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We introduce a novel approach to general secure multiparty computation that avoids the intensive use of verifiable secret sharing characterizing nearly all previous protocols in the literature. Instead, our scheme involves manipulation of ciphertexts for which the underlying private key is shared by participants in the computation. The benefits of this protocol include a high degree of conceptual and structural simplicity, low message complexity, and substantial flexibility with respect to input and output value formats. We refer to this new approach as mix and match. While the atomic operations in mix and match are logical operations, rather than full field operations as in previous approaches, the techniques we introduce are nonetheless highly practical for computations involving intensive bitwise manipulation. One application for which mix and match is particularly well suited is that of sealedbid auctions. Thus, as another contribution in this paper, we present a practical, mixandmatchbased auction protocol that is fully private and noninteractive and may be readily adapted to a wide range of auction strategies.
A Simplified Approach to Threshold and Proactive RSA
 In Proceedings of CRYPTO
"... We present a solution to both the robust threshold RSA and proactive RSA problems. Our solutions are conceptually simple, and allow for an easy design of the system. The signing key, in our solution, is shared at all times in additive form, which allows for simple signing and for a particularly ..."
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Cited by 91 (2 self)
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We present a solution to both the robust threshold RSA and proactive RSA problems. Our solutions are conceptually simple, and allow for an easy design of the system. The signing key, in our solution, is shared at all times in additive form, which allows for simple signing and for a particularly efficient and straightforward refreshing process for proactivization. The key size is (up to a very small constant) the size of the RSA modulus, and the protocol runs in constant time, even when faults occur, unlike previous protocols where either the size of the key has a linear blowup (at best) in the number of players or the run time of the protocol is linear in the number of faults. The protocol is optimal in its resilience as it can tolerate a minority of faulty players.
Robust and Efficient Sharing of RSA Functions
, 1996
"... We present two efficient protocols which implement robust threshold RSA signature schemes, where the power to sign is shared by N players such that any subset of more then T signers can collaborate to produce a valid RSA signature on any given message, but no subset of fewer than T corrupted players ..."
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Cited by 88 (12 self)
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We present two efficient protocols which implement robust threshold RSA signature schemes, where the power to sign is shared by N players such that any subset of more then T signers can collaborate to produce a valid RSA signature on any given message, but no subset of fewer than T corrupted players can forge a signature. Our protocols are robust in the sense that the correct signature is computed even if up to T players behave in arbitrarily malicious way during the signature protocol. This in particular includes the cases of players that refuse to participate or that generate incorrect partial signatures. Our protocols achieve fault tolerance T of N=2, which is optimal. Our protocols are also very efficient, as the computation performed by each player is comparable to the computation cost of a single RSA signature. Robust threshold signature schemes have very important applications, since they provide increased security and availability for a signing server (e.g. a certification auth...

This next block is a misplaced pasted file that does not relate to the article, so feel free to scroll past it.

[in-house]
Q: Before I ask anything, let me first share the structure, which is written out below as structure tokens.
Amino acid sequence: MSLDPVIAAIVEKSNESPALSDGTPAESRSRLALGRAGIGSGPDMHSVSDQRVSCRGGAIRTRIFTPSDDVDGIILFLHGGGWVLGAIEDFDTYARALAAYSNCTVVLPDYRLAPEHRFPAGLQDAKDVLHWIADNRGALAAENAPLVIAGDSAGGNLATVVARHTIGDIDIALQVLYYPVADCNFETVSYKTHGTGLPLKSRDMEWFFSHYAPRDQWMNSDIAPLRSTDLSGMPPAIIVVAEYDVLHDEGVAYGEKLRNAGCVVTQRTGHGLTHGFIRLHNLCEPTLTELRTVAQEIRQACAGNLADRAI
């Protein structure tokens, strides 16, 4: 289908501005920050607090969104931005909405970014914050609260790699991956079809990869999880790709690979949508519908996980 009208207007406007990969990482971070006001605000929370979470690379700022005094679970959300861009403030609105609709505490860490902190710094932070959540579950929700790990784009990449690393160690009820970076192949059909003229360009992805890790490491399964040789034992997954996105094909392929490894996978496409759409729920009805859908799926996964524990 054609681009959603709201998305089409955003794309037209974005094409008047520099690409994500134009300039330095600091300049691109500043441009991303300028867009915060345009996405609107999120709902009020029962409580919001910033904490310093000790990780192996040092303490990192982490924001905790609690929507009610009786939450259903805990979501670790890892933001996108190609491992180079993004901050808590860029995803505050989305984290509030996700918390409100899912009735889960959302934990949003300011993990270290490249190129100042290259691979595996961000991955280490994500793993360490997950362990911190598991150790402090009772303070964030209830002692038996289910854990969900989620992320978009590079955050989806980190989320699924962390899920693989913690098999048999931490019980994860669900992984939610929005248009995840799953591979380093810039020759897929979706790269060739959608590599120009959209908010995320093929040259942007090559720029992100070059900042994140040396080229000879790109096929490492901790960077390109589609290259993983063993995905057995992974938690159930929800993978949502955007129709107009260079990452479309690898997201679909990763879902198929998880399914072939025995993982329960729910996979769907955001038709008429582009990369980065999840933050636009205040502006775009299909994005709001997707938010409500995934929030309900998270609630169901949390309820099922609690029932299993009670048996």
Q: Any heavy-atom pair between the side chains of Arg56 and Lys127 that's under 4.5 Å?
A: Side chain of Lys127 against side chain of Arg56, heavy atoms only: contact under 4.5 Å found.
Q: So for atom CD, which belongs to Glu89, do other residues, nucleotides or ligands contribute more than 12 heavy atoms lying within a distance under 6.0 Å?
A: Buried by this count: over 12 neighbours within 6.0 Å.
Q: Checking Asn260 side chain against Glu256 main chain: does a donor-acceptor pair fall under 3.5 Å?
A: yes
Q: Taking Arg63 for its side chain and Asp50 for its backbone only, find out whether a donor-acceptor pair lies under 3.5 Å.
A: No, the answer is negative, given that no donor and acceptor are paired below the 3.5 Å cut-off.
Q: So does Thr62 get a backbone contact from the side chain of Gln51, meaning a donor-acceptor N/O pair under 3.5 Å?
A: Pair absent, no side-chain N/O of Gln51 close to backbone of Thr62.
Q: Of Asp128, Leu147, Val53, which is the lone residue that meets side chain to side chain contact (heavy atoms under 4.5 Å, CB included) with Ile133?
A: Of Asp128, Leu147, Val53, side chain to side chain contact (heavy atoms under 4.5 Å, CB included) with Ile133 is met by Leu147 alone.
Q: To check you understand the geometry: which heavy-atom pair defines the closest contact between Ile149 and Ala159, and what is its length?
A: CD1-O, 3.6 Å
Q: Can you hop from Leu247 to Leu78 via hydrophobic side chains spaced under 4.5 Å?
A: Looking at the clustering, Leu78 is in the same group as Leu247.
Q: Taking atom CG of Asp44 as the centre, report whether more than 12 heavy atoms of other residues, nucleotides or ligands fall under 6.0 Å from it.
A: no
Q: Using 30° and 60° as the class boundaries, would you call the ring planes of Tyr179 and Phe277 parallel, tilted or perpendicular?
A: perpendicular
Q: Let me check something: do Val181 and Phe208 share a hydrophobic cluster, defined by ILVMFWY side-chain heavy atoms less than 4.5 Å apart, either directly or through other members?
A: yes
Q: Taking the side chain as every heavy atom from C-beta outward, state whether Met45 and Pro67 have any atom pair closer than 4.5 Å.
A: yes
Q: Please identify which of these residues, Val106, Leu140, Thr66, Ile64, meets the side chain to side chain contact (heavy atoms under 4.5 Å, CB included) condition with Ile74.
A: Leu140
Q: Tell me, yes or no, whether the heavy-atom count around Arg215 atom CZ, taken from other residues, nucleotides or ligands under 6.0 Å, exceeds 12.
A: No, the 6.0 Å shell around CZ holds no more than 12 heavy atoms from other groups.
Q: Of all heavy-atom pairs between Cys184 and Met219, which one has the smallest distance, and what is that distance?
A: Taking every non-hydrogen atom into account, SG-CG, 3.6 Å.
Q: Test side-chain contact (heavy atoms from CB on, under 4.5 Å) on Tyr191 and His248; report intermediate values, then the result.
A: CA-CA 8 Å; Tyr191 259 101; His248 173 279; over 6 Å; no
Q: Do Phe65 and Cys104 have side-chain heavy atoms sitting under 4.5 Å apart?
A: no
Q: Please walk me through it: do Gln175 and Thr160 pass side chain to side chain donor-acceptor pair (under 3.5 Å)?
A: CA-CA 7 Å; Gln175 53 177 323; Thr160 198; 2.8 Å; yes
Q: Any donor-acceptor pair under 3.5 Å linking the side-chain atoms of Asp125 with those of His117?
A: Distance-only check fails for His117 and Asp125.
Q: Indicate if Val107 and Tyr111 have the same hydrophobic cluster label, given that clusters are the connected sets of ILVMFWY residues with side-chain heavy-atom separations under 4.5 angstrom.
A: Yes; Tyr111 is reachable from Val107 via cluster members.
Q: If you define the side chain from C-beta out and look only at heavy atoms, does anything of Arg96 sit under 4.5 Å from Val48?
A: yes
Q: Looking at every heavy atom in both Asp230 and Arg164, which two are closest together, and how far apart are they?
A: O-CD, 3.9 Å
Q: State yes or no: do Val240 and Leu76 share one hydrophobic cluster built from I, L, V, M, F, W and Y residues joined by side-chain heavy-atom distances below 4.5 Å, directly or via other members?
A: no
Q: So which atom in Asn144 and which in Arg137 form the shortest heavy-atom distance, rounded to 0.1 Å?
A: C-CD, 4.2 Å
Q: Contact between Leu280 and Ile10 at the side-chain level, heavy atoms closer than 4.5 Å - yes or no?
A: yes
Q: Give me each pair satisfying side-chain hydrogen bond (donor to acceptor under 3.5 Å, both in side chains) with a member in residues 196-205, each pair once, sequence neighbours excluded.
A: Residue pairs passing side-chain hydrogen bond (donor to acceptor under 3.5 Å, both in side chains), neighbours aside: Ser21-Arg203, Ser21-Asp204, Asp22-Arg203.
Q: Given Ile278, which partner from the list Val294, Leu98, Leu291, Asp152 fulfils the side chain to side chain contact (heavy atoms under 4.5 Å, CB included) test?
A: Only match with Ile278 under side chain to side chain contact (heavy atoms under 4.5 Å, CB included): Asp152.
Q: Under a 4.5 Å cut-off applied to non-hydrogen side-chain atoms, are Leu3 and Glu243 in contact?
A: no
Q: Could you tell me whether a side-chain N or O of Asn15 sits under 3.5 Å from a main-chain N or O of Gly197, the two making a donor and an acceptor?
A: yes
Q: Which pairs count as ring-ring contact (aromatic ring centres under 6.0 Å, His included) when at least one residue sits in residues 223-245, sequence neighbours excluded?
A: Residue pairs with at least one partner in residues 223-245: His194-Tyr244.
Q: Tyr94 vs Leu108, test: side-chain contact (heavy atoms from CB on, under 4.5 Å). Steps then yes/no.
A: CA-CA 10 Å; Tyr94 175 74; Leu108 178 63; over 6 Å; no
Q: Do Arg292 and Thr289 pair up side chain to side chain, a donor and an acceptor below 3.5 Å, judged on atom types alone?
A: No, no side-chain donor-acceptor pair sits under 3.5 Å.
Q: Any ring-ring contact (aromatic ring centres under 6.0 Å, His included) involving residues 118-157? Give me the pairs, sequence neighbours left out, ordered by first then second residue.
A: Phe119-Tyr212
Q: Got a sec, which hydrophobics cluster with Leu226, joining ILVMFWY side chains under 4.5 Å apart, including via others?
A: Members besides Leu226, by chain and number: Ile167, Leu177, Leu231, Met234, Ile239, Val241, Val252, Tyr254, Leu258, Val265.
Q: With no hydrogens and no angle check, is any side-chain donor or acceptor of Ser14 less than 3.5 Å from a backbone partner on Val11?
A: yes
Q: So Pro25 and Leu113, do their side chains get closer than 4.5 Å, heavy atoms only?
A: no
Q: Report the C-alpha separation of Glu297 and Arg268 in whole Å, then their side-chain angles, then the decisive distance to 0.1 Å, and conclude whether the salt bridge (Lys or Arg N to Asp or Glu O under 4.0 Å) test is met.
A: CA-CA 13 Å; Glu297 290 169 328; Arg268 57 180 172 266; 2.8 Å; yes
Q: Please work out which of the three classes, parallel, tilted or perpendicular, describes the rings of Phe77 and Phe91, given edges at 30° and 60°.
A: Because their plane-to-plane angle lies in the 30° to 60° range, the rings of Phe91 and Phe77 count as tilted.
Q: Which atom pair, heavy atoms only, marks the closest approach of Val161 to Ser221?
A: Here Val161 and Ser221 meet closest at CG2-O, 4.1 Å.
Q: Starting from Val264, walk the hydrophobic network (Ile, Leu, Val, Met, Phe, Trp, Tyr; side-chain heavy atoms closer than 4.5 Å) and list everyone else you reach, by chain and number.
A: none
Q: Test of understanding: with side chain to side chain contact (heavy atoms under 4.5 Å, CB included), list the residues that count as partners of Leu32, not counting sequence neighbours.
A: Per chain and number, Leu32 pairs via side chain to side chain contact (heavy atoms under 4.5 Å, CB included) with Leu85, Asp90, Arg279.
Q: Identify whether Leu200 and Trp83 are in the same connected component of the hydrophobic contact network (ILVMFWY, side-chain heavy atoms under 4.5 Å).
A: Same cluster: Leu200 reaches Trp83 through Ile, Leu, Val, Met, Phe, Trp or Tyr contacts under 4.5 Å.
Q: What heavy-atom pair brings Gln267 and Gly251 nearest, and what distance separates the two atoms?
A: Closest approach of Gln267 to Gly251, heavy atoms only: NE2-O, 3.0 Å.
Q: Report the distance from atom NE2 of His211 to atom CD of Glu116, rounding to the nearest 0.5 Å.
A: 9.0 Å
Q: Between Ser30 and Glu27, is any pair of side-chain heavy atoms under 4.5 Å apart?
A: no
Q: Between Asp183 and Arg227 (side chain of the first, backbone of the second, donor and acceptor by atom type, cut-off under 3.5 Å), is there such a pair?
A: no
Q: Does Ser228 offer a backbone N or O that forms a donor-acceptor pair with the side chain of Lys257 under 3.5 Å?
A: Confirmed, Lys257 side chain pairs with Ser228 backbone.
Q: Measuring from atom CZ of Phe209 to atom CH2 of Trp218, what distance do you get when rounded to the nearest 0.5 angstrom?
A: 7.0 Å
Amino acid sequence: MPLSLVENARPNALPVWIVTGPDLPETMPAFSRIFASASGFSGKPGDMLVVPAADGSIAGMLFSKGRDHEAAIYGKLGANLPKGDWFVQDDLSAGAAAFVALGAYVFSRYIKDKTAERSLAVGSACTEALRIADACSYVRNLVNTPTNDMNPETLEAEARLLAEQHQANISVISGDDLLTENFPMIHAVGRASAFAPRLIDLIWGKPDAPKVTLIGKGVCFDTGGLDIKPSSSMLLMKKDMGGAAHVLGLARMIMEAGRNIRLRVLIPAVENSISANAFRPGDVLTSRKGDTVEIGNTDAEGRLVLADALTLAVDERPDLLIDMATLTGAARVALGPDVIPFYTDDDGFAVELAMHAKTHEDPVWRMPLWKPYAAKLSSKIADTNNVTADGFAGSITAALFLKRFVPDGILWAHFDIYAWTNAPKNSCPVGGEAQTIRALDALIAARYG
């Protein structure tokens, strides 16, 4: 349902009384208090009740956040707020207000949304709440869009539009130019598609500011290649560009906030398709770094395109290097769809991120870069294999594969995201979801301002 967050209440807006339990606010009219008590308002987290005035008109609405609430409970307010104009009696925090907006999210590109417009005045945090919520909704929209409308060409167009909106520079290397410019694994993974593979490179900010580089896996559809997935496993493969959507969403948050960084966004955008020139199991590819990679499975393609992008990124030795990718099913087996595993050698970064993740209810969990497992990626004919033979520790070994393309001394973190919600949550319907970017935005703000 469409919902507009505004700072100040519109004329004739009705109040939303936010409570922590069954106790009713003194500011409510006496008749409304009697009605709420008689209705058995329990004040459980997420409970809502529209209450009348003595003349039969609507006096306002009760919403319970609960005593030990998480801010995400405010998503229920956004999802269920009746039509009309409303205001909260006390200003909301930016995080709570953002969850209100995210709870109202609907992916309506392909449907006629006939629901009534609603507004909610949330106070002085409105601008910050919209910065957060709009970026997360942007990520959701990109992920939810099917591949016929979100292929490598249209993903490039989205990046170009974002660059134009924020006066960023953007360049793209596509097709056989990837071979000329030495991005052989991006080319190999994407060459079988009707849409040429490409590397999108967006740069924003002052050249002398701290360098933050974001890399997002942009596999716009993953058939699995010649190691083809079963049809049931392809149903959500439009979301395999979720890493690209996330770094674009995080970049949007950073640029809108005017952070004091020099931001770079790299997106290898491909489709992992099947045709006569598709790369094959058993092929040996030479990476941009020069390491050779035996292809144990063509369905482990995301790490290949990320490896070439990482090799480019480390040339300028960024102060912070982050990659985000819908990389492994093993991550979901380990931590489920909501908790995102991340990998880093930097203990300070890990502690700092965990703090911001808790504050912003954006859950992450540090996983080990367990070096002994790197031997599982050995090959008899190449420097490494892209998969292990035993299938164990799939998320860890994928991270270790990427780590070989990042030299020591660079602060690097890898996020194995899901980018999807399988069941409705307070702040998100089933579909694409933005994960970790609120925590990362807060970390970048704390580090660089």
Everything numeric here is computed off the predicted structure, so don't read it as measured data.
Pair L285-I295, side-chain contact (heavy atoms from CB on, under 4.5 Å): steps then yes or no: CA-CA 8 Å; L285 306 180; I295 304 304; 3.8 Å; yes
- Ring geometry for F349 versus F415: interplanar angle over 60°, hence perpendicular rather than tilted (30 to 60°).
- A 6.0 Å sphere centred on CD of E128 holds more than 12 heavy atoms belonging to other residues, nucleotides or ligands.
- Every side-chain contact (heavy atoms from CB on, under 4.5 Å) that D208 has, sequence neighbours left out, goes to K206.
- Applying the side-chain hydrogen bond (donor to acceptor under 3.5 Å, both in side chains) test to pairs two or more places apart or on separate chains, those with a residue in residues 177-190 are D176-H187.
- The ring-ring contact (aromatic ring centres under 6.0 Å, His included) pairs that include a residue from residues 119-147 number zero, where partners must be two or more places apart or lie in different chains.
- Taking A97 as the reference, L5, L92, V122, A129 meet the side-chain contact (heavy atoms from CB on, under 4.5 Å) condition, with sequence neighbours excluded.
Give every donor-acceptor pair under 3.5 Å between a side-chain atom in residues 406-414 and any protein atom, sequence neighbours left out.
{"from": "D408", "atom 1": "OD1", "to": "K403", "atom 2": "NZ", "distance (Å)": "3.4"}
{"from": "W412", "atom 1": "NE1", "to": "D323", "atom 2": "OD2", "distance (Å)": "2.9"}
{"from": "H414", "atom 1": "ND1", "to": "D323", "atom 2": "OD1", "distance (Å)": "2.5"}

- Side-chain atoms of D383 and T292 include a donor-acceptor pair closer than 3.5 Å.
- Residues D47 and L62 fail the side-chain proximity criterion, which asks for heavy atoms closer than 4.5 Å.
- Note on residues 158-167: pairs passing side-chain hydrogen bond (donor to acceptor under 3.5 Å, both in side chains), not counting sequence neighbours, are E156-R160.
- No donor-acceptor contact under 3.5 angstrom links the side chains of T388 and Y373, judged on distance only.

Efficient and Generalized Group Signatures
, 1997
"... The concept of group signatures was introduced by Chaum et al. at Eurocrypt '91. It allows a member of a group to sign messages anonymously on behalf of the group. In case of a later dispute a designated group manager can revoke the anonymity and identify the originator of a signature. In t ..."
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Cited by 72 (6 self)
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The concept of group signatures was introduced by Chaum et al. at Eurocrypt '91. It allows a member of a group to sign messages anonymously on behalf of the group. In case of a later dispute a designated group manager can revoke the anonymity and identify the originator of a signature. In this paper we propose a new efficient group signature scheme. Furthermore we present a model and the first realization of generalized group signatures. Such a scheme allows to define coalitions of group members that are able to sign on the group's behalf.
Proactive security: Longterm protection against breakins
 CryptoBytes
, 1997
"... Dalit Naor y Proactive security provides a method for maintaining the overall security of a system, even when individual components are repeatedly broken into and controlled by an attacker. In particular it provides for automated recovery of the security of individual components, avoiding the use of ..."
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Cited by 61 (9 self)
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Dalit Naor y Proactive security provides a method for maintaining the overall security of a system, even when individual components are repeatedly broken into and controlled by an attacker. In particular it provides for automated recovery of the security of individual components, avoiding the use of expensive and inconvenient manual processes (unless perhaps when an ongoing attack is detected). The technique calls for the distribution of trust among several components (servers), together with periodic refreshments of the sensitive data held by the servers. This way, the proactive approach guarantees uninterrupted security as long as not too many servers are broken into at the same time. We describe the proactive approach and review some algorithms, implementations, and applications. We elaborate on two of the most important results: proactive signatures and proactive secure communication. Proactive signatures provide a solution for longlived secret keys, such as the key of a certi cation authority. Proactive secure communication ensures secrecy and authenticity ofcommunication, with automated refresh of the secret keys. 1